Friday, October 2, 2009

Gastronomy: Pancetta, Rosemary Pork Roast

Cooking inspires me in a similar way the ebb and flow of the seasons do. The heartwarming meals that accompany the changing of the leaves and the rapidly dropping temperatures—a reminder that another year is ending in only a few short months. It is an opportunity to change my heart and feed my soul.

There's nothing quite like the first, crisp fall day—the kind of day that indicates it is time to pull out your sweaters, place an extra blanket on your bed, and modify your weekly recipe rotation. Creamy fall chowder replaces fish on the grill, bbq chicken is substituted with heavily buttered chicken pot pie, and oven roasted meats take the place of grilled ones.

The recipe below is an Italian-inspired variation of traditional pork roast. I usually serve it with creamy parmesan polenta and homemade sour applesauce. The smell of this rich, succulent meat cooking in the oven is enough to make you wish that the autumn lasted all year 'round. Serve it with a pumpkin ale or heavy amber to make your stomach rejoice.

Pancetta, Rosemary Pork Roast



5 garlic cloves
1 T finely chopped fresh rosemary leaves
3 T olive oil
4 lbs (two pieces) tied, boneless pork loin roast
Sea salt and freshly ground black pepper
6 oz pancetta, thinly sliced
2 c chicken broth
2 c dry white wine
1 large shallot, roughly chopped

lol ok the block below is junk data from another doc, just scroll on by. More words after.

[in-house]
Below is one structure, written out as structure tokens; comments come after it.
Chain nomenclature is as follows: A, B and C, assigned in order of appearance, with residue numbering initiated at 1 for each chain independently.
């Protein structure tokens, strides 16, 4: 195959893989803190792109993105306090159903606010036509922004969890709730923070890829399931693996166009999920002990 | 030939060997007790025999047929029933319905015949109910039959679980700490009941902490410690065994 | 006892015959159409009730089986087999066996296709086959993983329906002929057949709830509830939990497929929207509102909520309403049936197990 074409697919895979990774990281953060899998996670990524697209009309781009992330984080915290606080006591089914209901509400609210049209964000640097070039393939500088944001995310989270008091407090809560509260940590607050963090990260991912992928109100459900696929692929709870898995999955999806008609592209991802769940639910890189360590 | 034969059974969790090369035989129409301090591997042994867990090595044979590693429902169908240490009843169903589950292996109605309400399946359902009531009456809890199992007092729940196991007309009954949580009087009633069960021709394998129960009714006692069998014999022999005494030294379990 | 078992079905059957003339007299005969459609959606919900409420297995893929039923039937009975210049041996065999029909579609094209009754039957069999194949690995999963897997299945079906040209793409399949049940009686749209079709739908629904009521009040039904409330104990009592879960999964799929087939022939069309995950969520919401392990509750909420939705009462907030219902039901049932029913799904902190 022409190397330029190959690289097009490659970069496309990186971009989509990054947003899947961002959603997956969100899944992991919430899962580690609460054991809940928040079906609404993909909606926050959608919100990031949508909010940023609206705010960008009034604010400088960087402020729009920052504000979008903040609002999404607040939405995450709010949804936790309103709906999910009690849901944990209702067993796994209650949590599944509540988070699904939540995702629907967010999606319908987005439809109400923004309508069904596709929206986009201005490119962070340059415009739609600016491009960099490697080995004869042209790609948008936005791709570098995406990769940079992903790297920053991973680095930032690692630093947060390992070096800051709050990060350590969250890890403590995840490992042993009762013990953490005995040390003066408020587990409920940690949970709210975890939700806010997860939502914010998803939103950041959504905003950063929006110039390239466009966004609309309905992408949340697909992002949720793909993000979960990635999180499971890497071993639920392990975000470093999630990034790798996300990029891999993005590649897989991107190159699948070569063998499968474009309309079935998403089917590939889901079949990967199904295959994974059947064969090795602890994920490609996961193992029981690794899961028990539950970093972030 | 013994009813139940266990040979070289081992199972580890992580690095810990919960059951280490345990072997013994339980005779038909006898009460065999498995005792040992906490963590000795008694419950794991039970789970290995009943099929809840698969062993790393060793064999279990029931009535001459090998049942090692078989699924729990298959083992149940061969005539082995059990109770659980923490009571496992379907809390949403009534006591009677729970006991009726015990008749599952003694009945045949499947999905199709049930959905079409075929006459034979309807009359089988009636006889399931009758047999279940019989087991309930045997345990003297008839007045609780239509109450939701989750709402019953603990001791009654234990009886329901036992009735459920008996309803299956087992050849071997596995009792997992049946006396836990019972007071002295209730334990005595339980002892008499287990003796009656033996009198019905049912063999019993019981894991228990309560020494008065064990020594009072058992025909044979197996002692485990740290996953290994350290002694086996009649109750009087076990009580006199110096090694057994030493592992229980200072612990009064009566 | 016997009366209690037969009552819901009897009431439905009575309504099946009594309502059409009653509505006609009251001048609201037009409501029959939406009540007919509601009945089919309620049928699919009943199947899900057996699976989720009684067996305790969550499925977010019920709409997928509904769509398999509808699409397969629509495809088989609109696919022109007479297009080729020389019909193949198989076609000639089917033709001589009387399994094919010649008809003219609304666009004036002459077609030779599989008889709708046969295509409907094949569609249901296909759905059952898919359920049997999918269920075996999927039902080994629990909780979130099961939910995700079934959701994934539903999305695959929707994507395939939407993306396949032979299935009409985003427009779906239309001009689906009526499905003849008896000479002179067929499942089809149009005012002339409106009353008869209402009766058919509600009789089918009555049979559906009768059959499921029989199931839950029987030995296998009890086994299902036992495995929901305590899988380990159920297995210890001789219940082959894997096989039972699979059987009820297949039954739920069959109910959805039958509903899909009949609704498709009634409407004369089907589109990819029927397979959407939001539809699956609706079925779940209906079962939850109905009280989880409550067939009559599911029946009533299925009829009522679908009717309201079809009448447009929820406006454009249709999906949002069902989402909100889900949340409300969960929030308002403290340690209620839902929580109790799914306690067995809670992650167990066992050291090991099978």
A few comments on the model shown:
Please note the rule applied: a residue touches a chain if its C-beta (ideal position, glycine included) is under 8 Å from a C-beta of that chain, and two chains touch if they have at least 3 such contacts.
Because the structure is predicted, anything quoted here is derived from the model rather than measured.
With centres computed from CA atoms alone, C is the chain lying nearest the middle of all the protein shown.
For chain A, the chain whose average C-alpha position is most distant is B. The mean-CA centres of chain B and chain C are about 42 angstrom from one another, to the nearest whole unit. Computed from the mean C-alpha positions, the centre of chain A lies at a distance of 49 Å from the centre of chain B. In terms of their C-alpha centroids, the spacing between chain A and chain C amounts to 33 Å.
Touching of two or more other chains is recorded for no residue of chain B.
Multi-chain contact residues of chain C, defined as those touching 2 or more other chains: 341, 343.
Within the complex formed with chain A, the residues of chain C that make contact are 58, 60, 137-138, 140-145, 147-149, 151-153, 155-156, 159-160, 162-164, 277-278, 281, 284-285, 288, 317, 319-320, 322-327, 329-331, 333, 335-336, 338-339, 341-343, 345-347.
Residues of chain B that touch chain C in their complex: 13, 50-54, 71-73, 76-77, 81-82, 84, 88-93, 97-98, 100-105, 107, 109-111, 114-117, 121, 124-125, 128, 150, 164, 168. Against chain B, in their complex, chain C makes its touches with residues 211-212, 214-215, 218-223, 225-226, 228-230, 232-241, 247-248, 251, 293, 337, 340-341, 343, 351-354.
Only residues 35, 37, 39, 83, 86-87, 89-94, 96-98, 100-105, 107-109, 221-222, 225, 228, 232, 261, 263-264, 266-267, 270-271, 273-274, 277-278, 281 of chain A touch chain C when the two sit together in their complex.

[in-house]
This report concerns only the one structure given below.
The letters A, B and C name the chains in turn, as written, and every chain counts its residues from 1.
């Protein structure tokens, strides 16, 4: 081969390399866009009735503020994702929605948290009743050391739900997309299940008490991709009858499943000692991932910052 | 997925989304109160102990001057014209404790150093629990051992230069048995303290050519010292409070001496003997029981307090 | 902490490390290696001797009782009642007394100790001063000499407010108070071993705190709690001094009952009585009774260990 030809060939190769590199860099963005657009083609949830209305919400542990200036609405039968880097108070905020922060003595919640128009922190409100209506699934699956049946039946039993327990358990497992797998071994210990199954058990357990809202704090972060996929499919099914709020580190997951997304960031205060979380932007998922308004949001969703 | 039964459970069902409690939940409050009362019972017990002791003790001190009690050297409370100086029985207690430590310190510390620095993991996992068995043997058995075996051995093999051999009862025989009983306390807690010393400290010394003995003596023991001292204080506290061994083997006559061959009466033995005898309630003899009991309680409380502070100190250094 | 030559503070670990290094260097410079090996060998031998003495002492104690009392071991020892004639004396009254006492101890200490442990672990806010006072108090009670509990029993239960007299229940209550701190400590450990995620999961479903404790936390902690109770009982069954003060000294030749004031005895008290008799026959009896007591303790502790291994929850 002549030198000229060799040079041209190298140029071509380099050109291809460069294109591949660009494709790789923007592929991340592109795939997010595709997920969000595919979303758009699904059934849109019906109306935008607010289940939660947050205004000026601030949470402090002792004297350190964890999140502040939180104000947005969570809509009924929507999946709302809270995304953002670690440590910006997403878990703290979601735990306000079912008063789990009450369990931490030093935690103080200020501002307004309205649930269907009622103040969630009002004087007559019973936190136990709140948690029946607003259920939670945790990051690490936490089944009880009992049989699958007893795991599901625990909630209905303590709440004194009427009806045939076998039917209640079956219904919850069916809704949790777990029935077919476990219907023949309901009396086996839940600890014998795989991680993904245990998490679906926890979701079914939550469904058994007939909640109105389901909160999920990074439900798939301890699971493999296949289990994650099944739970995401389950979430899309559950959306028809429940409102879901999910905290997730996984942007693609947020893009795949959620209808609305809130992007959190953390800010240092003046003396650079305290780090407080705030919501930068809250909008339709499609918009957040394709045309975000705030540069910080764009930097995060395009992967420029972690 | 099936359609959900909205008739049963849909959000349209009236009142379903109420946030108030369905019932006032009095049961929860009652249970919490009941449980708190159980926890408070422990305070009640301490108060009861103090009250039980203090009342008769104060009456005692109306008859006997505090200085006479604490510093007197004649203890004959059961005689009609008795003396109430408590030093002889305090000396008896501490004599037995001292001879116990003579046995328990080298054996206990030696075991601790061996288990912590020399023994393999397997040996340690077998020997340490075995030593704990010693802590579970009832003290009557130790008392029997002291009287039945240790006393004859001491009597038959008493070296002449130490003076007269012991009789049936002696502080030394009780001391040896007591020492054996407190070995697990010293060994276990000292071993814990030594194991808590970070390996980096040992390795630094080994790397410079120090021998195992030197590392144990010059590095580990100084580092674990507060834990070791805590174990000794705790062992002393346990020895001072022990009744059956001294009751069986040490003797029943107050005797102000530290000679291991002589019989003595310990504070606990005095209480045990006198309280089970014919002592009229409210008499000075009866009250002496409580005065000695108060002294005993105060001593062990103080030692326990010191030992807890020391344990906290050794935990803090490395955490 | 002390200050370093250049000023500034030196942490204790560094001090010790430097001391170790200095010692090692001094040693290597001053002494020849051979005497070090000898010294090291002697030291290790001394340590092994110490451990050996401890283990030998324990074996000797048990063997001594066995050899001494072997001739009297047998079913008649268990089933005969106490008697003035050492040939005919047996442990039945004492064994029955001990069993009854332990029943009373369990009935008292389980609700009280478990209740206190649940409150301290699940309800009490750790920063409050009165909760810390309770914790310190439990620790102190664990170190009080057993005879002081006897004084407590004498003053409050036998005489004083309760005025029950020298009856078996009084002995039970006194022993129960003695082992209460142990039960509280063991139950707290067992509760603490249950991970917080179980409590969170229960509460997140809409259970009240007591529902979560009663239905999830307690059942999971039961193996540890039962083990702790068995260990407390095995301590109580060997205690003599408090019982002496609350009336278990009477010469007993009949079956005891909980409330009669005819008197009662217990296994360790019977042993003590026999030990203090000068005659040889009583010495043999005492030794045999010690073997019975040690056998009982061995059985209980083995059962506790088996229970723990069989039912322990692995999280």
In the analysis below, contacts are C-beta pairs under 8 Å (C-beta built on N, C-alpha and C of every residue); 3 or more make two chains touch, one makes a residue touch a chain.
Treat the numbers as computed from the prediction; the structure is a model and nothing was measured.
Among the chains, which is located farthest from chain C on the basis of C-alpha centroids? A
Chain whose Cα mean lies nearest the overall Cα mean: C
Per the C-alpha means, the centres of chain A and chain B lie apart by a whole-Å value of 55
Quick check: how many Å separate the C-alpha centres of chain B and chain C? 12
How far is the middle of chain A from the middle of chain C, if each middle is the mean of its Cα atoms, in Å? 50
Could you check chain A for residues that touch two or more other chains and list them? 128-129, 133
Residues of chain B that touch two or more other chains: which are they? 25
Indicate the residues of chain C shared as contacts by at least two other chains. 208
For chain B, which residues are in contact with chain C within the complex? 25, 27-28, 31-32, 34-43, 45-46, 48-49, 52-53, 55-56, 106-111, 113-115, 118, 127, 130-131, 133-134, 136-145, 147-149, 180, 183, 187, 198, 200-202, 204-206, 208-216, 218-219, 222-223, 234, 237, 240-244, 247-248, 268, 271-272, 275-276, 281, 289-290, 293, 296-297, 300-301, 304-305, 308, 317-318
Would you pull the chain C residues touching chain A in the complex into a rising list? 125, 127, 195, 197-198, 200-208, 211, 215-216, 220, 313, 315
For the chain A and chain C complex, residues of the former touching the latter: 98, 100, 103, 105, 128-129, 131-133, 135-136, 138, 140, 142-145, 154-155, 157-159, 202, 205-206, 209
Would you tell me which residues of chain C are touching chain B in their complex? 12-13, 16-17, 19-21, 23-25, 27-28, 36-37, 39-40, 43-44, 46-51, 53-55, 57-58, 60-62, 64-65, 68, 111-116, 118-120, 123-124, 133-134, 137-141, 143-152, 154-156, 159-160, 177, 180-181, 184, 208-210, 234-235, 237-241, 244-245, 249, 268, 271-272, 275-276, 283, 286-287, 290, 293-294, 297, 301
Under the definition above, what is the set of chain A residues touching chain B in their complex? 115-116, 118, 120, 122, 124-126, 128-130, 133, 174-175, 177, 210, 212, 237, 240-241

Mince garlic and finely chop rosemary; mix together with olive oil in a small bowl with 1 T salt. Pat roast dry to ensure rub will adhere to the meat. Sprinkle generously with fresh ground pepper. Rub the garlic rosemary mixture over the pork and wrap the pancetta slices around the pork. Place the pork in a roasting pan. Cover and refrigerate for at least 3-4 hours.

Preheat the oven to 350 degrees. Pour 1 cup of broth and 1 cup of wine into the roasting pan. Add shallots to liquid. While roasting, add more broth and wine to the pan juices; baste several times. Roast the pork until a meat thermometer inserted into the center registers 160 degrees F or 1 ½ to 2 hours. Transfer the pork to a cutting board; cover with aluminum foil to rest for 15 minutes. Separate pan juices to pour over the top once the roast is carved.

Serves eight.


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1 comments:

Anonymous October 2, 2009 at 12:12 PM  

Porky goodness.

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